Haskell begins by taking us on a tour of Charles I's London, pointing out the palaces of art and enumerating their treasures. He describes a shallow art world in England, based around only a handful of aristocratic collectors. English art collecting collapsed after the civil war dispersal, and didn't fully resume until the dispersal of continental collections after French Revolution and subsequent wars. But for a short period some of the world's greatest art treasures could be seen in a small area of London.
Francis Haskell died in 2000, but the text of his Paul Mellon Lectures has been edited by Karen Serres for this new book. Nicholas Penny's introduction notes areas that Haskell would doubtless like to have developed further, but despite its brevity and its lacunae this is a superb book; well-written, beautifully produced and erudite. Although some areas could have been further developed, it is more comprehensive than some heftier studies because it provides better context, situating Charles I's collection alongside those of his courtiers, and their collections of paintings alongside their collections of sculpture and drawings. It is in the field of drawings that Britain has benefited most from Carolean collecting. The great collections of Renaissance drawings not only stayed in the country, but inspired and instructed Britain's artist-collectors like Sir Peter Lely, Sir Joshua Reynolds and Sir Thomas Lawrence.
Much of Charles I's collection was parceled up and handed over to syndicates of his creditors, which meant that tailors and drapers came briefly to possess masterpieces by Raphael and Correggio:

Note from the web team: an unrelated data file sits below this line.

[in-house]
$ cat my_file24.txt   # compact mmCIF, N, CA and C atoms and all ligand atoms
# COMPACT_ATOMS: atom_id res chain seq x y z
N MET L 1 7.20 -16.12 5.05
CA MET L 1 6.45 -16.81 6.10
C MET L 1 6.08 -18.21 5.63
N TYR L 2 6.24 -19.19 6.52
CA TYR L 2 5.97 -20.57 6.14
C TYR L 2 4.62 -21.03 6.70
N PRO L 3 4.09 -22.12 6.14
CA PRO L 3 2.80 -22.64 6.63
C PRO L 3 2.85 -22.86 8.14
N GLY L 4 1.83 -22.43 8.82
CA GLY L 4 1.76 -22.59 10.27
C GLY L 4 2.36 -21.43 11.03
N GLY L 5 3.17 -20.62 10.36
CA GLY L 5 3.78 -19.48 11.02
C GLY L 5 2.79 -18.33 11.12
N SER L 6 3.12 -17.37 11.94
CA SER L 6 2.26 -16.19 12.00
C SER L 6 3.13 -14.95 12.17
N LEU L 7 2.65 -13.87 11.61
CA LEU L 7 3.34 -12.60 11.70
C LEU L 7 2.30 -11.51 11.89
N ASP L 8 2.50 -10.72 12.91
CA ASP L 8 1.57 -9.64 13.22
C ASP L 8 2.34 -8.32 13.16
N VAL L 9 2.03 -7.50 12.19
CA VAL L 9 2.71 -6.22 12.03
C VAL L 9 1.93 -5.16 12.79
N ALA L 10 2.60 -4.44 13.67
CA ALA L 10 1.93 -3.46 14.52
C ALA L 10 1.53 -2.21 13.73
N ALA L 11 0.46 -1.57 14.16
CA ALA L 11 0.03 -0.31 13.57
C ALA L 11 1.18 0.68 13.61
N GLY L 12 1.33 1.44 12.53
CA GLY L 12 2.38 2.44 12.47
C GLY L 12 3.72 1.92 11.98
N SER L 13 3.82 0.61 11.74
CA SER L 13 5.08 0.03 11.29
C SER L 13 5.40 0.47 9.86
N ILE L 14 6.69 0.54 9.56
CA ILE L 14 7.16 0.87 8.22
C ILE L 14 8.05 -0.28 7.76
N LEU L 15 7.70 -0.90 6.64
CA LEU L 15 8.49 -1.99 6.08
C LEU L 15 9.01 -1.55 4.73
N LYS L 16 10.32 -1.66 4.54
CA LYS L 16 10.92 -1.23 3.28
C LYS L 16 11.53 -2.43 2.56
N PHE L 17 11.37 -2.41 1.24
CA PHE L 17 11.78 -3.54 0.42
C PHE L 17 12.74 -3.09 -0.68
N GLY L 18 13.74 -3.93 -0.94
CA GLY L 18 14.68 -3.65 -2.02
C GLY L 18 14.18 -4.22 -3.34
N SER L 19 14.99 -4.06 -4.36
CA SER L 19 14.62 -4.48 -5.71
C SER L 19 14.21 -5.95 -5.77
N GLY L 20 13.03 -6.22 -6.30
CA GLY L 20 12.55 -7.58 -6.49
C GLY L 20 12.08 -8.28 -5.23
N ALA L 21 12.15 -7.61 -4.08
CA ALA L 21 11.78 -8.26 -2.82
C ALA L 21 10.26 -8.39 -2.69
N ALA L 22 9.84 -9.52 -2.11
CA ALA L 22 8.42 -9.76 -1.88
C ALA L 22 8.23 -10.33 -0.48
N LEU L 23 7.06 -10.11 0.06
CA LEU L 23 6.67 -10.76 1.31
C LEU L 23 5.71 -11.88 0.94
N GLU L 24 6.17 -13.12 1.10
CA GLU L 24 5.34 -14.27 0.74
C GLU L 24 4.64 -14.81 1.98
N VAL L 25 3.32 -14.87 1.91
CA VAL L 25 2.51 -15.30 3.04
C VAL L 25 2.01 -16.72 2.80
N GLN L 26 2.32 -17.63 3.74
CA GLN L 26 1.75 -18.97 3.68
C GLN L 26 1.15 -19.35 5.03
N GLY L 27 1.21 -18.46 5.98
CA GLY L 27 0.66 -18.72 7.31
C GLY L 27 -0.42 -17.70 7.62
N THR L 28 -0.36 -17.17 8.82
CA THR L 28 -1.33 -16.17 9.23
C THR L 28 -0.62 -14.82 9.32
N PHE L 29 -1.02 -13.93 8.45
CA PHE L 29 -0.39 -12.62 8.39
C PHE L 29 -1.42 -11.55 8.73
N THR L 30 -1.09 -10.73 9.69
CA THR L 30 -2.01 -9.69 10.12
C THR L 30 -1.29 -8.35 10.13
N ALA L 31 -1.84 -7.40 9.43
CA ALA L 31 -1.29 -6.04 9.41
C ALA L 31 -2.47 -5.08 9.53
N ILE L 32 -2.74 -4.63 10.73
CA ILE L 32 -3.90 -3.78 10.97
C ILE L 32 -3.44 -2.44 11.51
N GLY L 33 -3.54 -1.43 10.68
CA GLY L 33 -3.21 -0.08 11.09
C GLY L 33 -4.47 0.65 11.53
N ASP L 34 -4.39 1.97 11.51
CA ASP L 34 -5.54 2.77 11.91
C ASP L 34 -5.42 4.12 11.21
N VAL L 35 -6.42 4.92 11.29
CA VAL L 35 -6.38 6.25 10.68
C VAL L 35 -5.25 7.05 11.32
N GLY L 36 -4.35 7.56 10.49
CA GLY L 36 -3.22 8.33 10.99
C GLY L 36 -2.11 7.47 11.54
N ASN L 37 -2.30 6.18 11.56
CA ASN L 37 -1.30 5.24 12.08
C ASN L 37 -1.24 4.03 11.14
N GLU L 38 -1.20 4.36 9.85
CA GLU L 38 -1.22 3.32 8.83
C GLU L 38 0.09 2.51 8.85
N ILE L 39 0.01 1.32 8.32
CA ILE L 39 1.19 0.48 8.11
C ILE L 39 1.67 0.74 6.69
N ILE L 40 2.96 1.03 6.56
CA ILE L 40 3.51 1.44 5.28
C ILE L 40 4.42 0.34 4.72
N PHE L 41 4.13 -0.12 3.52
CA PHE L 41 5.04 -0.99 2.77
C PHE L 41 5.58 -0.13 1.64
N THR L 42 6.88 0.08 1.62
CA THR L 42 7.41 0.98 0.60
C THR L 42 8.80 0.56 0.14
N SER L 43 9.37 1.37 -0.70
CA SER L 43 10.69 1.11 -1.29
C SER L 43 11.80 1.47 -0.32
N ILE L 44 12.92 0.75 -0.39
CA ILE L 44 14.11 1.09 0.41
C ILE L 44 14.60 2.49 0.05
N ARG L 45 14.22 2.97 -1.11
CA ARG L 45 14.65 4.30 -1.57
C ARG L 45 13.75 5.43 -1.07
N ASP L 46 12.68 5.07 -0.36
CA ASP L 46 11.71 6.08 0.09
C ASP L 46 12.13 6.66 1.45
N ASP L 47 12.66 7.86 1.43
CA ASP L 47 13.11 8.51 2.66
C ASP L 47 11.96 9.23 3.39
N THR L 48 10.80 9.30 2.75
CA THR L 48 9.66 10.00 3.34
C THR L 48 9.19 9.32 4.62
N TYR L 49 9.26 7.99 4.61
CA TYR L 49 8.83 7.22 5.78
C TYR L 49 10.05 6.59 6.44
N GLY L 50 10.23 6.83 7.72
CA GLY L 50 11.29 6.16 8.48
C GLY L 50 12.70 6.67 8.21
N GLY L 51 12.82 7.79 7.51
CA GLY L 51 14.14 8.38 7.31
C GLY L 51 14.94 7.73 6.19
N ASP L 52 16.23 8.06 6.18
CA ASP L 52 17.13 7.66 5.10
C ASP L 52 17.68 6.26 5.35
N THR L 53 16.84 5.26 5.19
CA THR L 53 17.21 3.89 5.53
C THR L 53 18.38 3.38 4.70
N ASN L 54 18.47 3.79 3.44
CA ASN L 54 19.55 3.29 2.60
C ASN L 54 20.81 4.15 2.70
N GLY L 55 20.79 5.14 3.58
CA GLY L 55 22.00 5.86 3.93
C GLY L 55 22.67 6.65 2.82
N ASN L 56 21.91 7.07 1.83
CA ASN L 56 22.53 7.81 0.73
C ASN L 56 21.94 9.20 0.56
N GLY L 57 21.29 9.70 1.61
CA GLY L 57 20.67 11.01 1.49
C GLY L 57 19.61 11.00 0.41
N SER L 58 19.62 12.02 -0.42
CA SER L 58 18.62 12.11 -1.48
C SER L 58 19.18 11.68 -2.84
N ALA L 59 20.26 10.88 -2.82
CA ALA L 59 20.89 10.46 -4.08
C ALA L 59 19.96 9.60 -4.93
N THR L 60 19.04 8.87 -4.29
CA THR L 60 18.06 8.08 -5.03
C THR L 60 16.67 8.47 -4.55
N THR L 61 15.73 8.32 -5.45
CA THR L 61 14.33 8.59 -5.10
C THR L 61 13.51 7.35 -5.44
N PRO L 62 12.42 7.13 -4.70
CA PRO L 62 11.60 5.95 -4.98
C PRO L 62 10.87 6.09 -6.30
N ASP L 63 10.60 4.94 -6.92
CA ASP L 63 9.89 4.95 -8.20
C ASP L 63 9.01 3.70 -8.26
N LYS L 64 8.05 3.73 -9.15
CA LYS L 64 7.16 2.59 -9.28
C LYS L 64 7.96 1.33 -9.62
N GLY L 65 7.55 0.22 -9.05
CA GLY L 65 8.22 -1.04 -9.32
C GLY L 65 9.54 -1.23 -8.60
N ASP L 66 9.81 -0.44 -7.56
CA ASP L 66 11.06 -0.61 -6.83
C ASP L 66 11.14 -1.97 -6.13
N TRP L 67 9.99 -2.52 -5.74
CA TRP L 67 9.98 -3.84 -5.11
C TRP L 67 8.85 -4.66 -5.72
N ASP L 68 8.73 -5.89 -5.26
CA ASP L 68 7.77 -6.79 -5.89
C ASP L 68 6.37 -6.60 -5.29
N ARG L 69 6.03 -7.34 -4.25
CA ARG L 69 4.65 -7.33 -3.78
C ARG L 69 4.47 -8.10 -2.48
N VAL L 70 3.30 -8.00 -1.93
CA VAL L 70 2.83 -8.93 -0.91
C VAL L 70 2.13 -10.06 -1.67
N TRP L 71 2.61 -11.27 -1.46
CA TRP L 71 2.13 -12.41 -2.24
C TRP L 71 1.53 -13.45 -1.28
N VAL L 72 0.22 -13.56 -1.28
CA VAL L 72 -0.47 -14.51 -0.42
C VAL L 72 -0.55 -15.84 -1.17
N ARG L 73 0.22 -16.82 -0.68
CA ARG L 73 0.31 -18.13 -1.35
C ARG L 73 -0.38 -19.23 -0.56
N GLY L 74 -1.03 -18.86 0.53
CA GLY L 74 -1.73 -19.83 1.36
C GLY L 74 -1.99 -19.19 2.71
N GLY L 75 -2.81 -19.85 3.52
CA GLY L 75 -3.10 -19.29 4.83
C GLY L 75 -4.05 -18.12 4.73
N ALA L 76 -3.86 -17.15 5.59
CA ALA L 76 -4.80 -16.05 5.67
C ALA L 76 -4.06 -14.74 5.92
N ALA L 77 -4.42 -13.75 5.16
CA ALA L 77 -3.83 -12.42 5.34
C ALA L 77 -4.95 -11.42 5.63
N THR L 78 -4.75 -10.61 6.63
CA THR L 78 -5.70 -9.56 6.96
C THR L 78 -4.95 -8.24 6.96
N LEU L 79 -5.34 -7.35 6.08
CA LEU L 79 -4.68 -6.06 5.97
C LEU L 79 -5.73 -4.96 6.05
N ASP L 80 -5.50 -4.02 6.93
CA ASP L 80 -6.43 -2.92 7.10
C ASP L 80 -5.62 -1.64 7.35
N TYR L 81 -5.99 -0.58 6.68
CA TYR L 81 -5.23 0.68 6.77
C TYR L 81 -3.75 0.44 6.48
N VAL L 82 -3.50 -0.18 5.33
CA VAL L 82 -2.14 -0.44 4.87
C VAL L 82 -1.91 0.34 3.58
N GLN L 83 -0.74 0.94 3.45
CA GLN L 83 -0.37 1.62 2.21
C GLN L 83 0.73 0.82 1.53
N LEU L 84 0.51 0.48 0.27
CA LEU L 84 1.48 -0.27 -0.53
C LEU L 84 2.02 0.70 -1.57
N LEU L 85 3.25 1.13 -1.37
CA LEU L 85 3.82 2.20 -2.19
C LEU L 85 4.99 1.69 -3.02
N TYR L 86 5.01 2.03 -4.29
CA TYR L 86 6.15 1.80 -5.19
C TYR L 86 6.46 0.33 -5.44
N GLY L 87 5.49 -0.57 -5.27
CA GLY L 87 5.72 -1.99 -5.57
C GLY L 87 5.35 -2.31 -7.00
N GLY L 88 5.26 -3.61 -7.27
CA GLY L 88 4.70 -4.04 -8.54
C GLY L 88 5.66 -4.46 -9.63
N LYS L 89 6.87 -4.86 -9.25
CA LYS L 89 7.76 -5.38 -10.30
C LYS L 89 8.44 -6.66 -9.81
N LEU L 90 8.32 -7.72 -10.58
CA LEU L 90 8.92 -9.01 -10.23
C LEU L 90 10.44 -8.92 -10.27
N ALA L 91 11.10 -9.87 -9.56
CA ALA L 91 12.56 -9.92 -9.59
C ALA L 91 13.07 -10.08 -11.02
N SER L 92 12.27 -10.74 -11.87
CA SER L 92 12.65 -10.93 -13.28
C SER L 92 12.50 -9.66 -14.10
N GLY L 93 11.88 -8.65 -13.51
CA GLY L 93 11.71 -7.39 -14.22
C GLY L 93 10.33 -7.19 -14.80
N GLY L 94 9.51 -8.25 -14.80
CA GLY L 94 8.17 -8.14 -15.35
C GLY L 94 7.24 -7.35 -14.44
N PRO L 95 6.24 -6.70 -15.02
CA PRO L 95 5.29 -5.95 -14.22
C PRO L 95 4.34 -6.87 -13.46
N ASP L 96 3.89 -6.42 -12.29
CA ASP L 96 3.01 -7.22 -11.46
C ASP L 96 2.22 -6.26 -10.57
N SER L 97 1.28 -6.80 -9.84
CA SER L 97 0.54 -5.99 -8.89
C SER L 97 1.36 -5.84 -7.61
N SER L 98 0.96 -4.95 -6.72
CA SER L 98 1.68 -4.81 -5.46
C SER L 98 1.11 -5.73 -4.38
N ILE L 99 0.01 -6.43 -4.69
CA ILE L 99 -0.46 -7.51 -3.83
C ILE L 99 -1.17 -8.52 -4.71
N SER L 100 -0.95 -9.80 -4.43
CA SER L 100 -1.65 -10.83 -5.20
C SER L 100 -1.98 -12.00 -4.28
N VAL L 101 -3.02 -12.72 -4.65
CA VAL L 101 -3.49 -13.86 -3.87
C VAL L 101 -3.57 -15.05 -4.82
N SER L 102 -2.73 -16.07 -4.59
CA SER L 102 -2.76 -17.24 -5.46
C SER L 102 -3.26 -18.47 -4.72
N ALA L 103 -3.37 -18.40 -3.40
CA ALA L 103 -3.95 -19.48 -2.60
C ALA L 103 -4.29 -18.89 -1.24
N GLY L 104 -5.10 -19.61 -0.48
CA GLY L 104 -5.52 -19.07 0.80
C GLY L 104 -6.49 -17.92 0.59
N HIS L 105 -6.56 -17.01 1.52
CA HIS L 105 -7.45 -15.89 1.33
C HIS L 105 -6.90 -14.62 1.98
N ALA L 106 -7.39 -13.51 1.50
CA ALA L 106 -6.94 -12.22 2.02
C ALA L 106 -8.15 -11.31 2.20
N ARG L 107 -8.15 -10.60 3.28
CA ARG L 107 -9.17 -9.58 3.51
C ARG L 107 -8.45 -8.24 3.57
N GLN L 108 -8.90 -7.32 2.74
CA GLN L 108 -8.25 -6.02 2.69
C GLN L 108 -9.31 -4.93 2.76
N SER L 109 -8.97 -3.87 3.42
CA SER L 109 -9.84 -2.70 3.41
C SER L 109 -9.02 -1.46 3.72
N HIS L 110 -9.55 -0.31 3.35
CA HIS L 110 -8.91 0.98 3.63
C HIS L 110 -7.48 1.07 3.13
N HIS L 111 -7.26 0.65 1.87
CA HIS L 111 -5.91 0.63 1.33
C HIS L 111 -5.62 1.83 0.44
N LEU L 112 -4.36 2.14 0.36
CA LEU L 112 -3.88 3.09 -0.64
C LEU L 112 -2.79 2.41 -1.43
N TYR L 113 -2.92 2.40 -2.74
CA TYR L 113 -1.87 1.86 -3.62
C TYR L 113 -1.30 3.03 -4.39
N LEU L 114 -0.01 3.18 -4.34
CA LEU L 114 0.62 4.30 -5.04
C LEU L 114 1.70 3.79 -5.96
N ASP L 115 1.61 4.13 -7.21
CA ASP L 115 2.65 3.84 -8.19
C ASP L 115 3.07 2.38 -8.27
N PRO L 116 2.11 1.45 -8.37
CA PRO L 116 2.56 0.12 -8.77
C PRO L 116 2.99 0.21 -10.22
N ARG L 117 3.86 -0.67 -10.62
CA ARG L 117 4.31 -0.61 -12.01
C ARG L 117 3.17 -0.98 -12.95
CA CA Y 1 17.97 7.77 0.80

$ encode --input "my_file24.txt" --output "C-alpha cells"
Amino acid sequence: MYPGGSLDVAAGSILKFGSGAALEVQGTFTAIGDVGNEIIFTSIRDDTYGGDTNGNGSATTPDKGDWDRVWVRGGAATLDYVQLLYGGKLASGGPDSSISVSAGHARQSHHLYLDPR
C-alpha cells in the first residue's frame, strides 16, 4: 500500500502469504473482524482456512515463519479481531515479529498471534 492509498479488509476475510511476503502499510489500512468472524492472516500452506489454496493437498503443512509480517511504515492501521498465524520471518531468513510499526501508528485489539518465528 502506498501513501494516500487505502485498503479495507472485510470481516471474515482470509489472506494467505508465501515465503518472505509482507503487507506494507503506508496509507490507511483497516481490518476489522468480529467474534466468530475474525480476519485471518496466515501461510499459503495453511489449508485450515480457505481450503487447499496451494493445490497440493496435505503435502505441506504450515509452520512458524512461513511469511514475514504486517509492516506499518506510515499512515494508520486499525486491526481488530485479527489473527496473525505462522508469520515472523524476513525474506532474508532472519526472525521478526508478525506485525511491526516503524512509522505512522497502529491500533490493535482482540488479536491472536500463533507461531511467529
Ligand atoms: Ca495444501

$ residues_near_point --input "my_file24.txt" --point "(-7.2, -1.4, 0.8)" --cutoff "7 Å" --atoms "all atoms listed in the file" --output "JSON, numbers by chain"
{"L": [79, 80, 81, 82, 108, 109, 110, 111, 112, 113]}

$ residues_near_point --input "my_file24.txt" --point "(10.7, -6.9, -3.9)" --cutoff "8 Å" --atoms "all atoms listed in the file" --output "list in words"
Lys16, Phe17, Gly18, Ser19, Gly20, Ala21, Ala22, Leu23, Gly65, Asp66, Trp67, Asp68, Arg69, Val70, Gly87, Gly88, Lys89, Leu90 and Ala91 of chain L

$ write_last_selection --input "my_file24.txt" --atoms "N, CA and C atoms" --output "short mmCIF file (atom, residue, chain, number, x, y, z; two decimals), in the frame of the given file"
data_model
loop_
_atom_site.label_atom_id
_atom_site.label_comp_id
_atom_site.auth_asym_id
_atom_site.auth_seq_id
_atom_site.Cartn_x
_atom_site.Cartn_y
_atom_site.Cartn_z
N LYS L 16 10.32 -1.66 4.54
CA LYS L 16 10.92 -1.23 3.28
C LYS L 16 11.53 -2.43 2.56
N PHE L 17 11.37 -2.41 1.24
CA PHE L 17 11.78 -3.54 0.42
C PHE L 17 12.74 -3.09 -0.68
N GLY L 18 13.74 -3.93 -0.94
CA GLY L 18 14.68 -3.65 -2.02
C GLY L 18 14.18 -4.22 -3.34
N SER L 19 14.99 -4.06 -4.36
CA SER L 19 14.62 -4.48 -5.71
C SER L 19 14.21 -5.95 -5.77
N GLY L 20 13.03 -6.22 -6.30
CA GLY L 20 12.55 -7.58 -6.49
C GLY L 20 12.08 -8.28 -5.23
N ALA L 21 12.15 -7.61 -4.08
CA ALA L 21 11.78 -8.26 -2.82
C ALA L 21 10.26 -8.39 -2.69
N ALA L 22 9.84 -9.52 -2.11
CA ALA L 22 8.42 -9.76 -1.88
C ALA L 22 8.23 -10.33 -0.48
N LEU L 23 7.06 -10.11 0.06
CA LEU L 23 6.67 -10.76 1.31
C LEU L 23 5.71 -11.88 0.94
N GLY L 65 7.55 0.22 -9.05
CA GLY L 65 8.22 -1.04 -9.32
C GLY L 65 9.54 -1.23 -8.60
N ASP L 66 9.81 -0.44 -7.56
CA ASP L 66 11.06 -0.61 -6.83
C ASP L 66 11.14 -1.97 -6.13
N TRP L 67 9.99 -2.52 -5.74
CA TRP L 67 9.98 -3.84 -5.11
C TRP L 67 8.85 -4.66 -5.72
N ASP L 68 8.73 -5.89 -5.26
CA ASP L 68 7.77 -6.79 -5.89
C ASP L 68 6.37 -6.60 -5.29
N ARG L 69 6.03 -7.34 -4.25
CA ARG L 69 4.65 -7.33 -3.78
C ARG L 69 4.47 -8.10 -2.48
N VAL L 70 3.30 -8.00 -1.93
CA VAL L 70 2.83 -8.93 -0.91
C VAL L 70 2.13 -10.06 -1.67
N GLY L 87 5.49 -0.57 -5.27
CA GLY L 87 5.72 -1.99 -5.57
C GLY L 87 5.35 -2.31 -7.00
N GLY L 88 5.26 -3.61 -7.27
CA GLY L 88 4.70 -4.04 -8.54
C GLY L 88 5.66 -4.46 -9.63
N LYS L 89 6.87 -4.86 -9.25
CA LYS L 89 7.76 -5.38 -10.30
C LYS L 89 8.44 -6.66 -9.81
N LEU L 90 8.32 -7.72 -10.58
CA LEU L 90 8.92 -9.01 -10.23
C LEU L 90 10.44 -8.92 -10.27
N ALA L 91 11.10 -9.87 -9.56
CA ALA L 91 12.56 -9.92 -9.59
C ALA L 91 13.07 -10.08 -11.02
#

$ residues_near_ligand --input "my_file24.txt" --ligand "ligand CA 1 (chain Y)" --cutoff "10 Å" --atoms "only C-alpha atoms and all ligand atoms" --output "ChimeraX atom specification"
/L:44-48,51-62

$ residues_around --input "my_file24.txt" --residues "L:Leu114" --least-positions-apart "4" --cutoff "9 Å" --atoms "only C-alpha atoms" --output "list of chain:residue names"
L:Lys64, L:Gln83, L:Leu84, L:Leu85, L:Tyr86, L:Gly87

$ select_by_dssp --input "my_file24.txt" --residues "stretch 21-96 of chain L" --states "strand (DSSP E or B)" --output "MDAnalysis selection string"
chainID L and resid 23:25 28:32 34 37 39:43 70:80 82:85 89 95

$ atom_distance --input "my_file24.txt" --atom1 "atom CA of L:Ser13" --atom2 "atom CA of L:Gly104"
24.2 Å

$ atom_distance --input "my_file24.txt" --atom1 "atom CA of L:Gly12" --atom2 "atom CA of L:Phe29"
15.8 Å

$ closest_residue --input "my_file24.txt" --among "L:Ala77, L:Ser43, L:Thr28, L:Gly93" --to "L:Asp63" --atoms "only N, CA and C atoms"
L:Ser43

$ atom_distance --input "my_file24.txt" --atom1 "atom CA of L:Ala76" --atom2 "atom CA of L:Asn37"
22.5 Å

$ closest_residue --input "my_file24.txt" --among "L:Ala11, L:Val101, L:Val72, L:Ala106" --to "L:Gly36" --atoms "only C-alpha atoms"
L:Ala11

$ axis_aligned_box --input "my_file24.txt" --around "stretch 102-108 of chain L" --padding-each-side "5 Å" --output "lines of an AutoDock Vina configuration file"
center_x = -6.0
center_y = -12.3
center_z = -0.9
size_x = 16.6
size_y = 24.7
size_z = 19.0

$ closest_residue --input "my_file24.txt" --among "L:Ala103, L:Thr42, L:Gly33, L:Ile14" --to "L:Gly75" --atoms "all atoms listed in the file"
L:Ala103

"we have been witnessing what is perhaps the single most extraordinary episode in the history of English art collecting, or indeed that of any other nation. Great masterpieces painted by Correggio and Titian, by Raphael and Holbein, by Rubens and van Dyck, for kings and princes, cardinals and courtiers were now to be found in small houses scattered through London and the countryside belonging to haberdashers and glaziers, cutlers, musicians and painters. It is hard not to be reminded of the surprise felt in these very years by English travellers when they saw how widespread was the distribution of pictures in Holland ... The English market was not so democratic, but neither was it aristorcratic, or even oligarchic. It did not, however, last for long." (pp. 146-151)
Haskell's subject was the consumption of art rather than its production. He wrote about patrons rather than artists, and focused on collecting rather than connoisseurship. But he was an art historian as well as an historian, and this book is particularly sensitive to the taste and connoisseurship of Charles I, the Earl of Arundel and the Dukes of Buckingham, Northumberland and Hamilton. He discusses their fondness for the Bassano family, and Charles I's surprising disdain for Veronese - in contrast to Arundel and Buckingham. He discusses their quest for Leonardo, noting that only Charles I was successful in obtaining St John the Baptist. Readers in 2013 will of course be aware that he had a second Leonardo, the recently rediscovered Salvator Mundi, oddly not mentioned by the editor even as a footnote.
Haskell enthuses over the Vendramin Family portrait more than I would, and I wondered if the caption on the plate ('Titian and Workshop') was subtle editorialising (if so, I approve!). It was bought by the National Gallery from the Duke of Northumberland in 1929; I'd sooner have had Bellini's Feast of the Gods, sold by the same family just over a decade earlier. On the other hand, the St Margaret in Vienna is listed as Raphael in the credit; it's surely more a studio piece than the Vendramin Family. But now I'm just nitpicking.
This is a wonderful book: short, sumptuous and readable, and provocative, rigorous and serious. Highly recommended.
A related book worth looking at is Koenraad Jonckheere The Auction of King William's Paintings 1713: Elite international art trade at the end of the Dutch golden age John Benjamins 2008, which is particularly strong on the network of dealers and advisors, and has some interesting information about details like how pictures were transported and how auctions were publicised and managed. Not as spectacular as the Commonweath sales, but another fascinating story of the international art trade in the subsequent century, and this is a book that deserves to be better known.